;

urban renewal



  • The Rise of "UniverCity"

    Universities wield increasing control over their surrounding communities. Historian Davarian Baldwin discusses the impact of that power for good and ill. 



  • The Violent Origin Story of Dodger Stadium

    by Ranjani Chakraborty and Melissa Hirsch

    Through interviews with several former residents of the area, Vox explores the story of their neighborhoods razed to make room for Dodger Stadium. It’s one that’s often missing from the history of Los Angeles and has created a double-edged relationship for some Dodger fans. Features commentary by historian Priscilla Leiva. 



  • The Perils Of Participation

    by Amanda Phillips de Lucas

    The construction of US Highway 40 in West Baltimore blighted a Black community with far-reaching results. But it's important to understand that road planners used a selective idea of participatory planning to manufacture community consent for the project. 



  • On Baltimore: Narratives and City Making

    by Bo McMillan

    A Review of Mary Rizzo's "Come and Be Shocked: Baltimore Beyond John Waters and The Wire," which argues that development interests in the city have used popular culture to craft an image of eccentric white ethnic residents that erases the city's racial segregation and the interests of the city's Black majority.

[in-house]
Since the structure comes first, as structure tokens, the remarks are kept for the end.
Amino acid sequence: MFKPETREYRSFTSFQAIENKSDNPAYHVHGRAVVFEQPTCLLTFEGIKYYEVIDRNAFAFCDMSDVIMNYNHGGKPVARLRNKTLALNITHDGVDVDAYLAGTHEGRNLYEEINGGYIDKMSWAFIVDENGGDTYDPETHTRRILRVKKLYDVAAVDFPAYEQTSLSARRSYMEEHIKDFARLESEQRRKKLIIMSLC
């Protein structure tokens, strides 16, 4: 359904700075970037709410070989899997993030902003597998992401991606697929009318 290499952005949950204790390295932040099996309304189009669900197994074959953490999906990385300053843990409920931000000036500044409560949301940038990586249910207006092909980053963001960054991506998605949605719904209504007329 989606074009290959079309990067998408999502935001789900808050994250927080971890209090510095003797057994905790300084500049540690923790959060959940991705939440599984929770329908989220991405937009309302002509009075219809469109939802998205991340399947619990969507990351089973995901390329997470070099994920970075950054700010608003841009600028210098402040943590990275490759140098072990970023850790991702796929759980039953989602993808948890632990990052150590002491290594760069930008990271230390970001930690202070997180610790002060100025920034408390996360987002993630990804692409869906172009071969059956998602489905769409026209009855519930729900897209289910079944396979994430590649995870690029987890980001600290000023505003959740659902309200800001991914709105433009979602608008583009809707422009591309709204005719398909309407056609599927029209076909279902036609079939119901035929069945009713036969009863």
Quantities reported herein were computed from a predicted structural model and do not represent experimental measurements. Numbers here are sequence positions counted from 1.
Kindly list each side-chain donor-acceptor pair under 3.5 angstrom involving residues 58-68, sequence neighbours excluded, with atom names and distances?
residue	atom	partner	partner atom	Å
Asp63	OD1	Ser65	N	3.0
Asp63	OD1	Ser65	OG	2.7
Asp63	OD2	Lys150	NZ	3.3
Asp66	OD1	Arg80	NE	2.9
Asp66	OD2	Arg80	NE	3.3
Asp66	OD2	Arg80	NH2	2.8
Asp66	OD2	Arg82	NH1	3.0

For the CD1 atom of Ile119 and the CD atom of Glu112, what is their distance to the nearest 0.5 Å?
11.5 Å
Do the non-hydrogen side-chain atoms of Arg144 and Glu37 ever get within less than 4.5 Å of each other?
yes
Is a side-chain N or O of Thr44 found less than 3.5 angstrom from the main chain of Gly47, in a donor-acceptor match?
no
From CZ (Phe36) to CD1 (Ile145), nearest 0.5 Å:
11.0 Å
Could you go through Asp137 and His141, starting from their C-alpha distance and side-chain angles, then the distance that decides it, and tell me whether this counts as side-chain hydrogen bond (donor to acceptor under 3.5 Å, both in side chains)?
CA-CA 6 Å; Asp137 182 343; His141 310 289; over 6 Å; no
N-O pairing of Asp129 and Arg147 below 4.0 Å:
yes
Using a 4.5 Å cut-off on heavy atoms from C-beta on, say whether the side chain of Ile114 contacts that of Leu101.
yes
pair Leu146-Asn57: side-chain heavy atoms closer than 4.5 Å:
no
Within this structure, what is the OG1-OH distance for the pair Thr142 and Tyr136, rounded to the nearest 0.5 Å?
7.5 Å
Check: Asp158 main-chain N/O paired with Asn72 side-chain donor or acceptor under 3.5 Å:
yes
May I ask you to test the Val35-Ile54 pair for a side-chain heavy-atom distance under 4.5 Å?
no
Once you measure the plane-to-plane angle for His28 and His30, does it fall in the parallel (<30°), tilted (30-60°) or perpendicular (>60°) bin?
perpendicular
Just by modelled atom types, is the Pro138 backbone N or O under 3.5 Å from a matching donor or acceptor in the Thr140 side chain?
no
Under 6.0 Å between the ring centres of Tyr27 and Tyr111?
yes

• The Proud City: Patrick Abercrombie's Unfulfilled Plan for Rebuilding London

    by Simon Jenkins

    In 1942, the British government endorsed a plan that turned the Blitz into an opportunity for massive centrally-planned rebuilding of London. This was a break from the previous anarchic pattern of development, and, for better or worse, today's eclectic metropolis owes its form to the failure of the plan. 



  • Tearing Down Black America

    by Brent Cebul

    Ensuring that Black Lives Matter doesn't just require police reform. The history of urban renewal shows that governments have worked to dismantle and destabilize Black communities in the name of progress.


  • Why Jane Jacobs Matters Now

    by Peter L. Laurence

    The answer is in her last book, which almost no one reads or remembers. But her biographer thinks it’s the one we need now.